Integral equations (IE), classical density functional theory (DFT), and field theoretical methods (FTM) in liquid state theory are tantalizing tools to study equilibrium properties of simple and complex liquids [1-4]. Yet, despite numerous important advances, they are still trailing behind computer simulations when it comes to practical applications ranging from simple solutions to more complex nanoscale and biological systems. Besides frequently encountered numerical problems, this is due in part to the intrinsic limitations which were discovered in the 90’s: when its comes to associated liquids such as water, none of the existing IE, DFT or FTM are able to reproduce accurately the structure of the liquid in par with computer simulations, irrespective of the water model . The reason for this is well known for IE in a diagrammatic representation: they are missing an important set of diagrams, known as bridge diagrams, that play an important role in describing the exact properties of any system, even for the canonical hard spheres model . IE have been tested on various complex liquids, ranging from simple polar molecules to water, and the quality of the results quickly deteriorates when explicit highly directional interactions are present, such as hydrogen bonding interactions, for example. None of the existing approximations for the missing bridge function are able to close this gap with computer simulations . The same kind of limitations are reached when trying to define excess free-energy functionals for water: it appears hard to keep track of the subtle balance between tetrahedral order at short range and dipolar order at longer range [6,7].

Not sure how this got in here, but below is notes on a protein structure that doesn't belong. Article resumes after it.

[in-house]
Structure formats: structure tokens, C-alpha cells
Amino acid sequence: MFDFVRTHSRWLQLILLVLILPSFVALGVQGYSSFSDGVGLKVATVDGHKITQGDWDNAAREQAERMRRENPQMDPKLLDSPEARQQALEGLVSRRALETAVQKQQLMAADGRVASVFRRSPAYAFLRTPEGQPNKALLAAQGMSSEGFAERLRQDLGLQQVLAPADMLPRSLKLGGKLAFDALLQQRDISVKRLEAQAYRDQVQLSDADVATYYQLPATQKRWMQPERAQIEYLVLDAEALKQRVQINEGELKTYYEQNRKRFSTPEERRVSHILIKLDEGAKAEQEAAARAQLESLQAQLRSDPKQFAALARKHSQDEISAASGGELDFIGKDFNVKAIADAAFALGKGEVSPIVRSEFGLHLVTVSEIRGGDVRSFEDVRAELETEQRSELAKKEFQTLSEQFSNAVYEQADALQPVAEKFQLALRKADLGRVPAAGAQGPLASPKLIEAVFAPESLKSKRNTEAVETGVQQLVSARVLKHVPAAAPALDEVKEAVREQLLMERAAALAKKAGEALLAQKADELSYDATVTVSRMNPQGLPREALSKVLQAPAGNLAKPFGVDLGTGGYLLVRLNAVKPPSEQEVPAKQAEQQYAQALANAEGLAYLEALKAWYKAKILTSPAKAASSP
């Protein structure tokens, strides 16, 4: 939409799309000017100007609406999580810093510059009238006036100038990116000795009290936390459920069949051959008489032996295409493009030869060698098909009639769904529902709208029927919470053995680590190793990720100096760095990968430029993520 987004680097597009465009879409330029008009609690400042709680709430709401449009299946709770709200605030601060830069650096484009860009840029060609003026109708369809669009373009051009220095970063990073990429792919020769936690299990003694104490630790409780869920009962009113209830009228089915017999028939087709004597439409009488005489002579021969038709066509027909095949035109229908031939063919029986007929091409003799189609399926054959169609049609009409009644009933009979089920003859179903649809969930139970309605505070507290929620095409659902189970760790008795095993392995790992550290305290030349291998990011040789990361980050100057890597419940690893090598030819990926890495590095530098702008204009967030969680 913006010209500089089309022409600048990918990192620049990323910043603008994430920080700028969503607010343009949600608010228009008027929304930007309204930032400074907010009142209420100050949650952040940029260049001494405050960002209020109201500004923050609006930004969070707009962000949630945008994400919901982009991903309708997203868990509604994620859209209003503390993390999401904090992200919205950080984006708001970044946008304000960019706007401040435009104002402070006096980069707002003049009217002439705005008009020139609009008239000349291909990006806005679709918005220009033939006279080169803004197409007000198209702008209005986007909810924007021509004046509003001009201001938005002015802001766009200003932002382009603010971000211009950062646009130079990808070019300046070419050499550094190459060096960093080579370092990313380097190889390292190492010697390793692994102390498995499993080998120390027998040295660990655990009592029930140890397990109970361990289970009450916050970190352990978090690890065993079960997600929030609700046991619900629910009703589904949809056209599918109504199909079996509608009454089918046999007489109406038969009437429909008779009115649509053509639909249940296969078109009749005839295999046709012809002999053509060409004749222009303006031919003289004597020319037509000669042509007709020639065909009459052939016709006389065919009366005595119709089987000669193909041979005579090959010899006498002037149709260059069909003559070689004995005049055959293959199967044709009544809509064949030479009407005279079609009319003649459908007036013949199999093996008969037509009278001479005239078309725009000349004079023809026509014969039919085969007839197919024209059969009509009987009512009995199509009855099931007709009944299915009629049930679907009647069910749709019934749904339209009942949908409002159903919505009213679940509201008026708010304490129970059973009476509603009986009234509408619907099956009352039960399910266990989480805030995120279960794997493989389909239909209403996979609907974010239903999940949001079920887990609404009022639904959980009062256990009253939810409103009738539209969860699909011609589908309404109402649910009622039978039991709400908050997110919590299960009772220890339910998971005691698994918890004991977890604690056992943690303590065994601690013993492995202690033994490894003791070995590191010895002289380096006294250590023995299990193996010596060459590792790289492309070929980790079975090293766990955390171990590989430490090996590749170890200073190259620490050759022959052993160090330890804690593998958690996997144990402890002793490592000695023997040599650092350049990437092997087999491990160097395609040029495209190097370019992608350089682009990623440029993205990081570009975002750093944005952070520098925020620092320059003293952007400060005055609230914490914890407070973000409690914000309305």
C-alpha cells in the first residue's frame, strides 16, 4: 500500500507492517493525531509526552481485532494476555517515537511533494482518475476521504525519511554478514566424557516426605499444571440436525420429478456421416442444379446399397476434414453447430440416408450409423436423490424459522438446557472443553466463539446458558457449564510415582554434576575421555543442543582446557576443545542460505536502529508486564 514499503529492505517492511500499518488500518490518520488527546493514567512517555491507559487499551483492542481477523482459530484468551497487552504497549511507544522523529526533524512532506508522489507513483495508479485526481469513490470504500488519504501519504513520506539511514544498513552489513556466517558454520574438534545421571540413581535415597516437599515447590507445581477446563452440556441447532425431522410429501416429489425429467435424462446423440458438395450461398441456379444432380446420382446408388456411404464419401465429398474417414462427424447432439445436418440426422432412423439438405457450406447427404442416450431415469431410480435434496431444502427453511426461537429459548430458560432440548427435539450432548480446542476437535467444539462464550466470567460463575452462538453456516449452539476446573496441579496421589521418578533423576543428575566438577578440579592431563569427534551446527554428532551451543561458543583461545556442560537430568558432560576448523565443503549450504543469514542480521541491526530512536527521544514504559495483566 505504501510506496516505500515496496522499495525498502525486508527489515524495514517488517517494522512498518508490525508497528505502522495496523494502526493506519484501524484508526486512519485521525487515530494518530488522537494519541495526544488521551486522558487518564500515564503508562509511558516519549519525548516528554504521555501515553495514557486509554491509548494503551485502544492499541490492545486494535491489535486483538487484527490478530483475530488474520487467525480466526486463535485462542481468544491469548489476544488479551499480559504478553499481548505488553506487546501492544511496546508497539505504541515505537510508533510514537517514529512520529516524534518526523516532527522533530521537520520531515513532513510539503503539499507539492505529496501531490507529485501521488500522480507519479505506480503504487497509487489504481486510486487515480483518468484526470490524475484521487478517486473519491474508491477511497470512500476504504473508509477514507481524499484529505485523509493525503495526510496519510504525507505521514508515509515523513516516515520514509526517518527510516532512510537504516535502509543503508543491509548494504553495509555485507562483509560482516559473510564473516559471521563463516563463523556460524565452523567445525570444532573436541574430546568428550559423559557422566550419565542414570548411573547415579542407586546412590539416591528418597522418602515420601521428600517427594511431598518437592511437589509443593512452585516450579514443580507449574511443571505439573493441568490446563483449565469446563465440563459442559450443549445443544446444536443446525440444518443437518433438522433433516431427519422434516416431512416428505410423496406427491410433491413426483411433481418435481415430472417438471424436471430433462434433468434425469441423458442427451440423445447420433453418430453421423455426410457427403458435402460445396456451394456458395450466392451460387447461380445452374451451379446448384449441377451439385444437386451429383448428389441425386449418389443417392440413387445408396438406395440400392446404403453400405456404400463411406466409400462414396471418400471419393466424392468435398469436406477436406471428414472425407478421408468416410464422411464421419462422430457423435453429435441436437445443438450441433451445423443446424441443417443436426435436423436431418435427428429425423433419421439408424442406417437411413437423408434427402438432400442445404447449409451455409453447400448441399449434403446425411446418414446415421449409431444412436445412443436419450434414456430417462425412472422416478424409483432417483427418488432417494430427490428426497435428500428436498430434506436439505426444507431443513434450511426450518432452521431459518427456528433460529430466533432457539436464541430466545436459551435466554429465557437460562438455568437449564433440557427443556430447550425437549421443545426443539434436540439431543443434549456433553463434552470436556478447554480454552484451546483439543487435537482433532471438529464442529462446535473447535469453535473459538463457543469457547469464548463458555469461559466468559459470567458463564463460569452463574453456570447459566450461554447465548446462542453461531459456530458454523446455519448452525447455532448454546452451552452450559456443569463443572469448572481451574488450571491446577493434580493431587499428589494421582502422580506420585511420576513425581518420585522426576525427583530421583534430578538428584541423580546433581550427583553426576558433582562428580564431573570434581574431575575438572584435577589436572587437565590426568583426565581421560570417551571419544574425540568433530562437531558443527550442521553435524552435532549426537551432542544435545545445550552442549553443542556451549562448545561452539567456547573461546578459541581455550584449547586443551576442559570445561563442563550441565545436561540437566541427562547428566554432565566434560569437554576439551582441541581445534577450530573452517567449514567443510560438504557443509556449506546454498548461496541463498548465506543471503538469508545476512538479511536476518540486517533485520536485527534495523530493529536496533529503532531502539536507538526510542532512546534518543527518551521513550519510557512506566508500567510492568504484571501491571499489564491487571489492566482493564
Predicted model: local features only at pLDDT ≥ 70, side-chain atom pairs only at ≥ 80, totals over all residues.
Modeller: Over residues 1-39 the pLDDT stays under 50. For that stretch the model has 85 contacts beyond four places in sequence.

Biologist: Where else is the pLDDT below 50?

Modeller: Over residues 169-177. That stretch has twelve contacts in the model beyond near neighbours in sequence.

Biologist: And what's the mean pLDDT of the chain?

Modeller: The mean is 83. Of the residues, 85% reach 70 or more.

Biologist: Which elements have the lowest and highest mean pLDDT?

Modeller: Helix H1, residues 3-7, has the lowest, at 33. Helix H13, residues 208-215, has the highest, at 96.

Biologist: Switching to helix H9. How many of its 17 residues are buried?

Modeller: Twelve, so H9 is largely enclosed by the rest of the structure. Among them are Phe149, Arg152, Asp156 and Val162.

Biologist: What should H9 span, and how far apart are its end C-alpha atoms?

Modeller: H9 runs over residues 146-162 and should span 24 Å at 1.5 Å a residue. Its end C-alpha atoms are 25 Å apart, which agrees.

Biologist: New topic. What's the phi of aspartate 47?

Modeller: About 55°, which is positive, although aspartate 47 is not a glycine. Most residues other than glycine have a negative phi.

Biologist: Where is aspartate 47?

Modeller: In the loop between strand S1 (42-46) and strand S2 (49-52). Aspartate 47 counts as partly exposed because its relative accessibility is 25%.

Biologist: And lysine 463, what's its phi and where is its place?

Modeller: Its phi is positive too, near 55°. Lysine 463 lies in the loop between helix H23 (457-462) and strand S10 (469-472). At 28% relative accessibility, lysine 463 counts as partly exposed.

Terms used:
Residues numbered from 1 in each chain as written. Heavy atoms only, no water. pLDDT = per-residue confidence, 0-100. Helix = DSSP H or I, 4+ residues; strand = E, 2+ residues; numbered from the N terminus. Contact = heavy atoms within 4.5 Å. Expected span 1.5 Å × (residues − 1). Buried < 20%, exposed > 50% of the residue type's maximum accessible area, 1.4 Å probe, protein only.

On the other hand, it turns out that computer simulations also face severe problems when handling complex systems, the most obvious being computational issues related to the exploration of configurational space for systems with slow relaxation times. In contrast, theoretical liquid state methods are orders of magnitude faster to run. The recent development of 3D-RISM (reference interaction site model) [4,8-9], or other liquid-state 3D approaches based on DFT or FTM [7,11-12], has shown that sensible results and very useful insight can be gained for complex three-dimensional problems, such as protein hydration or host-guest molecular recognition. This is equally true for chemical engineering applications such as ionic liquids at charged interfaces (supercapacitors) or molecular adsorption in porous materials [13-14]. All those works pave the way to the broad applicability of liquid state theory to problems of biological or industrial relevance.
However, these new approaches still suffer from the same shortcomings described above, and despite the impressive advances in application domains that were previously reserved to computer simulations, they must be improved for a quantitative agreement.